“It’s going to a cause a lot of panic on Wall Street,” said Richard Stein of Global Sage, an executive search firm. “Everybody is talking about it, but they’re actually concerned about it becoming public. I would not want to be head of compensation at a Wall Street firm right now.”
In some ways, a zero bonus should not come as a surprise to many bankers. As a result of the 2008 financial crisis, Wall Street firms like Goldman Sachs and banks like Citigroup raised base pay substantially in 2009 and 2010. They were seeking to placate regulators who had argued that bonuses based on performance encouraged excessive risk.
At Goldman, for instance, the base salary for managing directors rose to $500,000 from $300,000, while at Morgan Stanley and Credit Suisse it jumped to $400,000 from $200,000.
Even though employees will receive roughly the same amount of money, the psychological blow of not getting a bonus is substantial, especially in a Wall Street culture that has long equated success and prestige with bonus size. So there are sure to be plenty of long faces on employees across the financial sector who have come to expect a bonus on top of their base pay. Wall Streeters typically find out what their bonuses will be in January, with the payout coming in February.
Senator Bernie Sanders (I) from Vermont stood on the floor of the Senate two Fridays ago and spoke for nine hours on the situation in America. He spoke frankly and convincingly, using charts, graphs, and real-life examples. He was joined by other senators who also brought their perspectives. The message was simple: The rich are feasting on us. The economic and social policies ushered in by war criminal Ronald Reagan have boosted the rich to a position of power unprecedented in American society since the end of slavery. They’ve grown so large that they’ve sprouted wings and flown away to places like Bangladesh, where workers earn .23 cents an hour. When things falter in their search to expand, as capital always must, they return to America to suck more blood from the heartland and then redouble their efforts in smashing up the rest of the world. Capital flies on the wings of the American military and in the hallways of world banking institutions. What wings do the poor fly on?
Despite the situation worsening in America, the poor stay mainly silent. Drug use is rife, the prisons are packed, and more and more young people are graduating with debt with college degrees that mean close to nothing. Senator Sanders pointed out that we have little to inherit from our parents. Indeed, some of them are moving abroad – those who can afford it.
SAN MIGUEL DE ALLENDE, Mexico — The new Starbucks on the corner of the main plaza is bustling. The local library has an impressive selection of English-language romance titles. The bulletin board at the arts center touts ads for tai chi, West African dance, textile instruction and more.
And hey! Isn’t that Martha Stewart strolling through the plaza? It is indeed. She’s here for the star-studded unveiling of an American-owned hotel.
Despite its gringo trappings, this lovely 17th-century city appears quintessentially Mexican, fromits jardín (or garden, as the plaza is called) to the rosy luminescence of La Parroquia, its iconic neo-gothic church.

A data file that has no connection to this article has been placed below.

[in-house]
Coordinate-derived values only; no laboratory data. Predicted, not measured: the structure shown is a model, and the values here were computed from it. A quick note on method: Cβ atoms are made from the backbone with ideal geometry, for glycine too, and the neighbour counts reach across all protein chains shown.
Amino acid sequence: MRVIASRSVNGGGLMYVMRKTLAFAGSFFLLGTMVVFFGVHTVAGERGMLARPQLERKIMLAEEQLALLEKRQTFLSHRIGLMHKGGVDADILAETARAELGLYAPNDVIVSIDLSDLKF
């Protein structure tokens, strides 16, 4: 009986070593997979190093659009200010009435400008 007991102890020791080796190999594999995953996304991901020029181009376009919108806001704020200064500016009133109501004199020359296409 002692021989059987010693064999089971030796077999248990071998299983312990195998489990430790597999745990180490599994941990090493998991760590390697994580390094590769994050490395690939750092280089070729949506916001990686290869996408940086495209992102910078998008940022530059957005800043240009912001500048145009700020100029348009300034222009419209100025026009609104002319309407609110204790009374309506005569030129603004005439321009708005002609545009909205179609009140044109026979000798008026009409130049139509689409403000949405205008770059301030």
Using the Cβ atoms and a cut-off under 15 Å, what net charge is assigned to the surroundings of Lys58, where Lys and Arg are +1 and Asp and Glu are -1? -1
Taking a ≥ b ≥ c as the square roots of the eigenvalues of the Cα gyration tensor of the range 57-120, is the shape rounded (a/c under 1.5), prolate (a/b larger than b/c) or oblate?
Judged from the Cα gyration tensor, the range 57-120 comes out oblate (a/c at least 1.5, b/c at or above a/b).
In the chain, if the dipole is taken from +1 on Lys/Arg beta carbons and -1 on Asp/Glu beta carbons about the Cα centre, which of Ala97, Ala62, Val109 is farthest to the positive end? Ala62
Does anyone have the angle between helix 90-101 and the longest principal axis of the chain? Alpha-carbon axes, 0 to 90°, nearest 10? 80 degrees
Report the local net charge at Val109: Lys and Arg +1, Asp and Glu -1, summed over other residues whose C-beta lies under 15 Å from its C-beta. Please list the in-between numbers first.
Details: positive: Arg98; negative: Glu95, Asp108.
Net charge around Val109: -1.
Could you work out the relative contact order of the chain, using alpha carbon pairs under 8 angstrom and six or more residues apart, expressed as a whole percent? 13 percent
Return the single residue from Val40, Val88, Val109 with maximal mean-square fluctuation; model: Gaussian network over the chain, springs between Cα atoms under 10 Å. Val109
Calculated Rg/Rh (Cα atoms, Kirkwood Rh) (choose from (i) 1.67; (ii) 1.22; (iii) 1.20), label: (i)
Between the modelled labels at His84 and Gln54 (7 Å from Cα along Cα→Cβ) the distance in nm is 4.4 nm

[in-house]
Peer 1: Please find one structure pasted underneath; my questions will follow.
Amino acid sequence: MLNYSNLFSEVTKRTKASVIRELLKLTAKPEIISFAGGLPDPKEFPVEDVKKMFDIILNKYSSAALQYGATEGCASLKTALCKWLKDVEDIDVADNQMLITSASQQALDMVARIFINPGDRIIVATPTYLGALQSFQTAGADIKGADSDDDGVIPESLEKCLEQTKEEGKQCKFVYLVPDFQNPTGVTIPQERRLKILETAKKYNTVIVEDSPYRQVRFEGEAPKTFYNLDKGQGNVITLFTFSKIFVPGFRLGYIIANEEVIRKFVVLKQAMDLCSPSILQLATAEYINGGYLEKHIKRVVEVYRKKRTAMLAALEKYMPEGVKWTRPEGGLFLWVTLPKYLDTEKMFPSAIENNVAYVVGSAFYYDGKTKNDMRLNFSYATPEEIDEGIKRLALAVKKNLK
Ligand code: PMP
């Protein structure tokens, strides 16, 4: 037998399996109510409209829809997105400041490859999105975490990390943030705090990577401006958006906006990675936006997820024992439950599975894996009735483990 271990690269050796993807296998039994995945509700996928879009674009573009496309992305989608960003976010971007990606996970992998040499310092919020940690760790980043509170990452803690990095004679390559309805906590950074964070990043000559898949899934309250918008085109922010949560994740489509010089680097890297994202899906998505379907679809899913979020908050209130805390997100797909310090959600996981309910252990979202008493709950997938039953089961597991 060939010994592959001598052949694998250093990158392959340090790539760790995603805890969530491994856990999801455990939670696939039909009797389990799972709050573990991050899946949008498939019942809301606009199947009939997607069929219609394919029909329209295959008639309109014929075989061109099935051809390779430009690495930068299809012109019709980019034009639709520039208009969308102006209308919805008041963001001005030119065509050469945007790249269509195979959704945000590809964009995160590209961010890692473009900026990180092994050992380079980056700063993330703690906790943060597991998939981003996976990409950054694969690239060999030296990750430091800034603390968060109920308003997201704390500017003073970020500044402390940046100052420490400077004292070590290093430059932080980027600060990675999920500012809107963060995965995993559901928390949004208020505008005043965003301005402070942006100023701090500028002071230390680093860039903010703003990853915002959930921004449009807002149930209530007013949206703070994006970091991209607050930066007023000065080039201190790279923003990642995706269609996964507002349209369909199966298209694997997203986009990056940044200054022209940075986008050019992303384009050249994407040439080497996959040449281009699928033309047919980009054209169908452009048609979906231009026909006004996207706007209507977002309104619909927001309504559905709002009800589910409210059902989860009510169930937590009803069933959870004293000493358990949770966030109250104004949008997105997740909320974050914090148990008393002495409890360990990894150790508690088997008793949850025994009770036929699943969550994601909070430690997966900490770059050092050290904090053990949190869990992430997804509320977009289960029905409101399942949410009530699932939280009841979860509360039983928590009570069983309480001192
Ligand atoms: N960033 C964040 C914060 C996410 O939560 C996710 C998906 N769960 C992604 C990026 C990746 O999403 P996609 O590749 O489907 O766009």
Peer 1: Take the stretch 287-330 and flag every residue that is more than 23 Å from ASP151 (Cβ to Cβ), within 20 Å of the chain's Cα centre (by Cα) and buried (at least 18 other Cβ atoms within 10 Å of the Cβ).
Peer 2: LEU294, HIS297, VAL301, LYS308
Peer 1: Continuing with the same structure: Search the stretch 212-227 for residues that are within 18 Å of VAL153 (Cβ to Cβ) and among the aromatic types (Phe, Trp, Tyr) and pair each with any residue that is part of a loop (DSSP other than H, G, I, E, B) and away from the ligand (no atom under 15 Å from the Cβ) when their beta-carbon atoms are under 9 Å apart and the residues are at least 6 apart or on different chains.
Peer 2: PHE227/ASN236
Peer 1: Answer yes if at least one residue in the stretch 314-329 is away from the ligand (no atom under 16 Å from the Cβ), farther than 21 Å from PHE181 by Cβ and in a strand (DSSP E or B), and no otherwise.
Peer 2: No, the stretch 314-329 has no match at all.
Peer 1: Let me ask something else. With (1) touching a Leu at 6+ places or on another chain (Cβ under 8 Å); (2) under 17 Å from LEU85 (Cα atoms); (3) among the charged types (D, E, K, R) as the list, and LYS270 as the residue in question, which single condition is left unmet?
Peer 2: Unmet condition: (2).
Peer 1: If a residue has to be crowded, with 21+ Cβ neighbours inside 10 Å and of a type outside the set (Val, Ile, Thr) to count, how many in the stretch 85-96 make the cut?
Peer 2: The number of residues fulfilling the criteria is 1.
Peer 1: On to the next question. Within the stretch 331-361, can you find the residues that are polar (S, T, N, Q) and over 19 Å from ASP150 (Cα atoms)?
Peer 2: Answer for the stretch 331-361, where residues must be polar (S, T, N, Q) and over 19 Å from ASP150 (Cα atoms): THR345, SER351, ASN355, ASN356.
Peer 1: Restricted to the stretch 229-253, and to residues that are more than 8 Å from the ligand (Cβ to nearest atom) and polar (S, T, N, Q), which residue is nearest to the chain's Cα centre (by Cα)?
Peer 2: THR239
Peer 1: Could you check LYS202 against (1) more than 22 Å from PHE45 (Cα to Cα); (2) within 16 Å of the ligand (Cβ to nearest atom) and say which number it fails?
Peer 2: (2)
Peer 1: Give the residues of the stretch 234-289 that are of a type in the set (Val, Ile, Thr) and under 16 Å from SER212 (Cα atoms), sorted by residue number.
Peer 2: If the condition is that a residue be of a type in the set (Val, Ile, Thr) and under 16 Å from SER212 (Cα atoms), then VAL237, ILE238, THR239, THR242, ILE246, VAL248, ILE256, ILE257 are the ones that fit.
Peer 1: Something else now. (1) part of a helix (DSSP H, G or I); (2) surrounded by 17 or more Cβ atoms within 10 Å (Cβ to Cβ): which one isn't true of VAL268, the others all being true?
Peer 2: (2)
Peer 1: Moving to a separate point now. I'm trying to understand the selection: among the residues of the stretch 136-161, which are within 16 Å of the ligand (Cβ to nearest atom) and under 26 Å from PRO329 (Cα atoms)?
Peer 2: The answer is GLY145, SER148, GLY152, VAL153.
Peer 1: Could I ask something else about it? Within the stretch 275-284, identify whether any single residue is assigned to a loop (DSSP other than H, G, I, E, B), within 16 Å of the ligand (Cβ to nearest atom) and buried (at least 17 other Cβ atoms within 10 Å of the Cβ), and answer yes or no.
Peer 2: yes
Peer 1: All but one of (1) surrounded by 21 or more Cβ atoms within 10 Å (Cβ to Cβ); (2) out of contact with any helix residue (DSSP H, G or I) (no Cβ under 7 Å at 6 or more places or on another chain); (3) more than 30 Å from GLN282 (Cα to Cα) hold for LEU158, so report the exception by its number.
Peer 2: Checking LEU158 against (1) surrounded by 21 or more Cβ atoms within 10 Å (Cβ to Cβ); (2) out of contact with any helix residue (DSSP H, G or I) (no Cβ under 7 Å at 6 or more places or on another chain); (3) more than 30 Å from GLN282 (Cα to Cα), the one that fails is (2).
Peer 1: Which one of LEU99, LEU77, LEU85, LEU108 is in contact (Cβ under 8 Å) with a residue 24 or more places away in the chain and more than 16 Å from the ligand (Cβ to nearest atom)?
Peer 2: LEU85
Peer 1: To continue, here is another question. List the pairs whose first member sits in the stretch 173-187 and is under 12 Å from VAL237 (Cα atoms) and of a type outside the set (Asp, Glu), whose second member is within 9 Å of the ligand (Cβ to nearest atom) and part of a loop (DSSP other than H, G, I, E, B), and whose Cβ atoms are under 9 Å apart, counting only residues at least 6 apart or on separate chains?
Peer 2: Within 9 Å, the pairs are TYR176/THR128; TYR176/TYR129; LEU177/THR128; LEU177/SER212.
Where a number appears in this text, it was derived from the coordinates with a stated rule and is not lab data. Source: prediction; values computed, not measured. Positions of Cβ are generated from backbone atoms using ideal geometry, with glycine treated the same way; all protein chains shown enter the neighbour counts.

But it’s also home to a large community of North Americans, many of whom have come to stretch their retirement nest eggs in a tranquil setting that boasts most of the comforts of home—and then some.
“San Miguel is summer camp for Baby Boomers,” declares Marjorie Pope, 64, who arrived here from Atlanta with her husband, Mike, five years ago.
As the first wave of 79 million Baby Boomers turns 65 in 2011, many will be spending their Social Security checks in far-flung locales, from Boquete, Panama, to Chiang Mai, Thailand. Though numbers are mere conjecture, some estimates say 1 million American retirees already live abroad.
Is it too painful for the baby boomers to watch their children struggle in the world they created for them? Or is it simply too difficult to live in the United States on the amount of money they’ve set aside for retirement? Outsourcing retirement also means tax money such as social security will be spent outside of the United States.
The question is really how long the next generation will stand for such distractions at the expense of their livelihood. Will we continue to be sucked into two-party politics and reality television, or can we stand up and fight against the system that brought us into being? We are the product of a time when things seemed plentiful and peaceful, but as we come to understand at what cost, we must be wary of falling into the same traps as the previous generations.
What is needed is a ground-up effort to rebuild our country on real wealth and capital. As Senator Sanders said, there was a time when a man working a factory job in Detroit could afford to support a family of three and send a child or two to college. This framework has not evaporated. It is not forgotten. The question is, does a generation raised on instant gratification have the guts to roll up our sleeves and do real work for a change? Raised on promises that “You can do anything”, are we prepared to settle for decent before we slide into a lifetime of denial?